What is Juvenile Polyposis?

Learn About Juvenile Polyposis to Better Manage This Condition

Colon Polyps
Polyps in colon. Juan Gartner/Photo Science Library/Getty Images

Juvenile polyposis (JP) increases risk of colon cancer if it's not managed properly. But learning about JP can help you make informed decisions about how best to cope with the condition.

Juvenile Polyposis and Genetic and Familial Colon Cancers

Most colon cancers, about 75%, are considered sporadic cases. Sporadic means that they have no known genetic cause or family history. This leaves approximately 25% of colon cancers that can be traced to a specific genetic problem or to a family history of the disease.

One genetic cause of colon cancer is called juvenile polyposis (JP) or juvenile polyposis syndrome (JPS). The word "juvenile" refers to the type of polyp, rather than the age at which polyps first develop. People don't often get the polyps as juveniles, but instead they develop polyps in their colon as young adults, around 20 years old. If left untreated, these polyps may develop into colon cancer.

Is Juvenile Polyposis the Same as Hereditary Hemorrhagic Telangiectasia

Some health experts consider JP to be a form of a disease called hereditary hemorrhagic telangiectasia. Other health experts consider JP to be a completely separate disease. Around 20% of people who have the genetic changes that cause JP also have hereditary hemorrhagic telangiectasia (HHT). This overlap between JP and HHT contributes to the confusion in naming and describing both conditions.

When JP and HHT appear together in a single person, it is referred to as "combined syndrome of juvenile polyposis and hereditary hemorrhagic telangiectasia" or JPS/HHT.

In addition to the colon polyps associated with JPS, people who also have HHT develop malformations in their blood vessels. These vessel abnormalities may lead to a variety of medical problems, including frequent nose bleeds and bleeding in the gastrointestinal tract.

Juvenile Polyposis and Cancer Risk

The most common cancer associated with JP is colon cancer, but cancers can occur in the stomach, small intestine, and pancreas too.

If the colon polyps are not removed, around 20% of people with JP will develop colon cancer by age 35. About 70% of people with JP will develop colon cancer by age 60. Because colon cancer risk is so high in people with JP, surgery to remove the colon may be recommended.

How Common is Juvenile Polyposis?

Health experts aren't sure how common JP and HHT are in the general population. They estimate that between 1 in 5,000 and 1 in 10,000 people are affected by these conditions. However, these numbers include all forms of hereditary hemorrhagic telangiectasia syndrome - JPS/HHT as well as the three types of HHT that are not associated with JP. This means that only a small portion of the total hereditary hemorrhagic telangiectasia cases occur as the JP type. The bottom line is that as a cause of colon cancer in the US, JP is quite rare.

How is Juvenile Polyposis Inherited?

JP is passed from parents to children due to changes in either the SMAD4 or the BMPR1A gene. Genes are the instruction manual for building and running the human body.

Nearly every cell in our bodies contains two copies of each gene. One copy comes from your mother and one copy comes from your father. In this way, if a mother or a father has changes in one or both copies of their SMAD4 or their BMPR1A gene, they may pass these changes on to their child, resulting in the child having JP.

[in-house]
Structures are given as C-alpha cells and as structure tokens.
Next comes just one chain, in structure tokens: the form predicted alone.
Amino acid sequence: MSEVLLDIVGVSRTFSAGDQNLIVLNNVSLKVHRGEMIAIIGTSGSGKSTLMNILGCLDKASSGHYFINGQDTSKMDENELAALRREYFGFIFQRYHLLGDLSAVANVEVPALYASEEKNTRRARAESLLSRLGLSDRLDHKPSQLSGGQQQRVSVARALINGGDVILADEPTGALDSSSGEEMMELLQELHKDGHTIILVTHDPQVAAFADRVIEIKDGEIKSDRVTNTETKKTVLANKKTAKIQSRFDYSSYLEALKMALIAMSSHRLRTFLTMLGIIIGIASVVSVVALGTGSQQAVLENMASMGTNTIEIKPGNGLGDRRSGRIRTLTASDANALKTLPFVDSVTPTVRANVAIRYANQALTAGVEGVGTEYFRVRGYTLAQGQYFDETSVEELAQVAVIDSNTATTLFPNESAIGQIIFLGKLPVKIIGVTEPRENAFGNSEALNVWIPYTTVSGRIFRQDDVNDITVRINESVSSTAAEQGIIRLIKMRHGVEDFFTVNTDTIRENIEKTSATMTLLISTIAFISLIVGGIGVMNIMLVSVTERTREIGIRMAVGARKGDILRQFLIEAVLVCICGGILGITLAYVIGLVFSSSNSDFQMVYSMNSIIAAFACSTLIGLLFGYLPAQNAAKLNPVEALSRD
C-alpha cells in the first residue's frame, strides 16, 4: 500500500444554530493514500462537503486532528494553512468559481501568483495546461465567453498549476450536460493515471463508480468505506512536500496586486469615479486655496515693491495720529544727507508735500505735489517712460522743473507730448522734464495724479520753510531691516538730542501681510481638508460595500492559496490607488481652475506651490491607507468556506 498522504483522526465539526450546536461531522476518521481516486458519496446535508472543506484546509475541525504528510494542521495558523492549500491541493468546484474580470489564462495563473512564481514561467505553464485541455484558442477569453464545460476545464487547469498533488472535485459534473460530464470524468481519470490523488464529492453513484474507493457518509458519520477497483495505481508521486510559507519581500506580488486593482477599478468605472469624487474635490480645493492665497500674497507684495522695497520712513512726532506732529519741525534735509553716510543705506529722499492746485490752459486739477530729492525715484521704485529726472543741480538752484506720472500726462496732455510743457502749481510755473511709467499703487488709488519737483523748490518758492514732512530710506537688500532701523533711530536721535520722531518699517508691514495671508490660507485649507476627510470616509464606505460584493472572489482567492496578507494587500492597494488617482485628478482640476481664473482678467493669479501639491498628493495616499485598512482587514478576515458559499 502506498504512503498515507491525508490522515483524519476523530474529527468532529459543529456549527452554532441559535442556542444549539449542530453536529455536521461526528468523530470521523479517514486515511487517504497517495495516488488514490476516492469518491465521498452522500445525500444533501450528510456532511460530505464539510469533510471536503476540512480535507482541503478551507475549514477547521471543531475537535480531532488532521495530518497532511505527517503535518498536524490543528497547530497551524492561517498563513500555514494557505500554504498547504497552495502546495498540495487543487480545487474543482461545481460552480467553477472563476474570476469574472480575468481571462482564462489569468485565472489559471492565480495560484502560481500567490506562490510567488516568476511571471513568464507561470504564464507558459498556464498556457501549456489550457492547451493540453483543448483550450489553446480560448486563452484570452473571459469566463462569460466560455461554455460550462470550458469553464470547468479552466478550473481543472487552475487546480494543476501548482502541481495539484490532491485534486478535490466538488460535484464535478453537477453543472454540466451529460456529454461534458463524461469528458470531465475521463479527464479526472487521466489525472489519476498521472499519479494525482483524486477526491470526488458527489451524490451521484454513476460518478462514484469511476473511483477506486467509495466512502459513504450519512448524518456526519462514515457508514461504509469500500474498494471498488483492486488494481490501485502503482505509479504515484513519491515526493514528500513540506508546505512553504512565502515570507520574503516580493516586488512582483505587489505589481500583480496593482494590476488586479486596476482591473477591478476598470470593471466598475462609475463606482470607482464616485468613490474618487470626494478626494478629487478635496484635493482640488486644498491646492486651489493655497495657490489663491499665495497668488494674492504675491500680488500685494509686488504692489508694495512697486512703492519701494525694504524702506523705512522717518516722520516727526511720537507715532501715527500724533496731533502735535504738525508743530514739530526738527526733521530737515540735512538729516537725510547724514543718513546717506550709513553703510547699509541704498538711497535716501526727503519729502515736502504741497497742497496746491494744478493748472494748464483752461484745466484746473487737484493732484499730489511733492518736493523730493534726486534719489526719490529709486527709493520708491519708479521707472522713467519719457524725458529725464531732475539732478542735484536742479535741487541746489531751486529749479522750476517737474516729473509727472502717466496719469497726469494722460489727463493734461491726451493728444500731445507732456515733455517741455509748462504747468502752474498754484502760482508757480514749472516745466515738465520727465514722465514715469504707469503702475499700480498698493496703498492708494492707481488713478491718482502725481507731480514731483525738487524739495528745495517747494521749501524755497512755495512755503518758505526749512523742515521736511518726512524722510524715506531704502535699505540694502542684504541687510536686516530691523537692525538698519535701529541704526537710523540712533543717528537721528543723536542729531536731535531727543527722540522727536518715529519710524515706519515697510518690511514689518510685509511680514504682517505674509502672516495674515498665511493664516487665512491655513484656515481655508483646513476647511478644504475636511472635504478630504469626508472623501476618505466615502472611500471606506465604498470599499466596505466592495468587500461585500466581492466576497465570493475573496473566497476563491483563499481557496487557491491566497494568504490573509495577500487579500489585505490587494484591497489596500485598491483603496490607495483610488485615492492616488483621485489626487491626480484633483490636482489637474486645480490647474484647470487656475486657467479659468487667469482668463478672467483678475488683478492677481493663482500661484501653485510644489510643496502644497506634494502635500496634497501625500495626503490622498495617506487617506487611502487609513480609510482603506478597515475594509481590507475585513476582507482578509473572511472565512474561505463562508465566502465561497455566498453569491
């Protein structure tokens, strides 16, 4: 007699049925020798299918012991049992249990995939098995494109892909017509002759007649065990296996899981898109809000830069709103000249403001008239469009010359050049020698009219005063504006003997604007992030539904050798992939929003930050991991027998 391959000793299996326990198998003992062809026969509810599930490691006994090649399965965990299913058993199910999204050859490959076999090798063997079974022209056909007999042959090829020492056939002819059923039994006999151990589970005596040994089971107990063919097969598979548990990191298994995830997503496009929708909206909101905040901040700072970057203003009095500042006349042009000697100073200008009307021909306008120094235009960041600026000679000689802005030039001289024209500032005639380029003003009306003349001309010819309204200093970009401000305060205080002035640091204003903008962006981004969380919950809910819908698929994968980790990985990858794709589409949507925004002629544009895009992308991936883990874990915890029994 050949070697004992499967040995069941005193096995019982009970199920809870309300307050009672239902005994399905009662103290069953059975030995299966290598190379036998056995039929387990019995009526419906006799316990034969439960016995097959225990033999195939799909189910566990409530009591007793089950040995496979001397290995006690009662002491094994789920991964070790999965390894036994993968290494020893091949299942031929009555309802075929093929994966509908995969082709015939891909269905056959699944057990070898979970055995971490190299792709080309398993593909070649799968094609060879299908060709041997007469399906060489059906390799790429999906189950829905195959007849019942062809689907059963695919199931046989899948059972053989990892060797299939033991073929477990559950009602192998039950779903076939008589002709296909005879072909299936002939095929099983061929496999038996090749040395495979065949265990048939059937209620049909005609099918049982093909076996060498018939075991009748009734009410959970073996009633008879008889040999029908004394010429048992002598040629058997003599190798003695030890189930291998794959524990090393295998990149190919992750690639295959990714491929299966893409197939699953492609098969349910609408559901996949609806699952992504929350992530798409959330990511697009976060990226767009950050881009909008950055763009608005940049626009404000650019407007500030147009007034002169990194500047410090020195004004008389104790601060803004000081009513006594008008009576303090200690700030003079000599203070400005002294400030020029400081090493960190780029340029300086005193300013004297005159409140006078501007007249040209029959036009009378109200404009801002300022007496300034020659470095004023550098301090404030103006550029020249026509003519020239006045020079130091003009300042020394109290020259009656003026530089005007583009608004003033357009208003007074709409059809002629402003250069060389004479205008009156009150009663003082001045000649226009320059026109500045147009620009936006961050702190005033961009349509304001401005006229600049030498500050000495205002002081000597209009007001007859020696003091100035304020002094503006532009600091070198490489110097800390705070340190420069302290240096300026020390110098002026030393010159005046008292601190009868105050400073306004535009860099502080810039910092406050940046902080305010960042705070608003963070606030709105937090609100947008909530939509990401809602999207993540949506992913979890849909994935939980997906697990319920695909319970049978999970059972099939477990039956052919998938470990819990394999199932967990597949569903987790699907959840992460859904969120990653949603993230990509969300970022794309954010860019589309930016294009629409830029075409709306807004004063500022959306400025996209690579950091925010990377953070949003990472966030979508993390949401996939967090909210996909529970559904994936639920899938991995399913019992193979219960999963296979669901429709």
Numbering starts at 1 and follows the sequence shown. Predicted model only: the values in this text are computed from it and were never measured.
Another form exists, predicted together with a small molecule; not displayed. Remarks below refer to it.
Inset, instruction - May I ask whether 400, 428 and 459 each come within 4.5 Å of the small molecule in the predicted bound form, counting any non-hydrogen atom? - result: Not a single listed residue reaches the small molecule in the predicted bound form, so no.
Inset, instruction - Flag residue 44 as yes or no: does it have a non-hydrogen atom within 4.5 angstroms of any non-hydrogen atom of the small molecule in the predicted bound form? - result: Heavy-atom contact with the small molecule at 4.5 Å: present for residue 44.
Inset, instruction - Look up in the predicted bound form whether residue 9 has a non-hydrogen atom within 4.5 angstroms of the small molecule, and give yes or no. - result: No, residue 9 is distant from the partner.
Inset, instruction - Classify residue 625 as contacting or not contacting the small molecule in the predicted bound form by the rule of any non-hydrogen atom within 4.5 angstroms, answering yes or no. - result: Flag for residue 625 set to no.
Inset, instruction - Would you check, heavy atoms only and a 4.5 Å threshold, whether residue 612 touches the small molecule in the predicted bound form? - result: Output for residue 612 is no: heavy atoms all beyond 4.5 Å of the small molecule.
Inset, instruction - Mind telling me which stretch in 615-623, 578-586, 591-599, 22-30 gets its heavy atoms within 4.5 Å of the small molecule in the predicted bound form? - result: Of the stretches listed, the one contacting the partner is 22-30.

For some diseases, if one of the two gene copies is damaged or missing, the other, good copy, will function normally and there will be no disease or no increased risk of disease. This is called an autosomal recessive pattern.

For other diseases, including juvenile polyposis, if even one copy of a pair of genes is damaged or missing, this is enough to increase disease risk or cause the disease. This is called an autosomal dominant pattern.

Your Best Defense Against Juvenile Polyposis

If you find out that you have JP, talk to your doctor about getting a referral to see a genetic counselor. Your doctor can help you find a qualified genetic counselor in your area or you can search the National Society of Genetic Counselors website to locate genetic counseling resources.

Seeing a genetic counselor is important because there are different changes to the SMAD4 and BMPR1A genes that cause JP. The changes that are present in your gene may determine your risk for developing colon or other cancers.

It is important to know your own personal risk so you can develop a plan to manage it. For example, if you have a form of JP that greatly increases the odds of developing colon cancer early in life, you may choose to go through surgery to remove your colon as soon as possible to prevent cancer.

The second important step you can take is to talk to your doctor about any other health risks that may be associated with having JP. You can work together to develop a plan to best manage your health, taking into account the new information regarding your diagnosis of juvenile polyposis.


American Society of Colon & Rectal Surgeons. Hereditary Colorectal Cancer Registries. Accessed: Dec. 5, 2015.

Brosens LA, van Hattem A, Hylind LM, Iacobuzio-Donahue C, Romans KE, Axilbund J, Cruz-Correa M, Tersmette AC, Offerhaus GJ, Giardiello FM. Risk of colorectal cancer in juvenile polyposis. Gut 2007 56:965-67.

Gene Reviews: Juvenile Polyposis Syndrome. NCBI, U.S. National Llibrary of Medicine. Last Revision Dec. 3, 2015. 

Genetic and Rare Diseases Information Center. Accessed: March 16, 2009.

Genetics Home Reference. Hereditary Hemorrhagic Telangiectasia. Accessed: Mar 16, 2009.

OncoLink. Risk of colorectal cancer is increased in patients with juvenile polyposis. Accessed: March 16, 2009.

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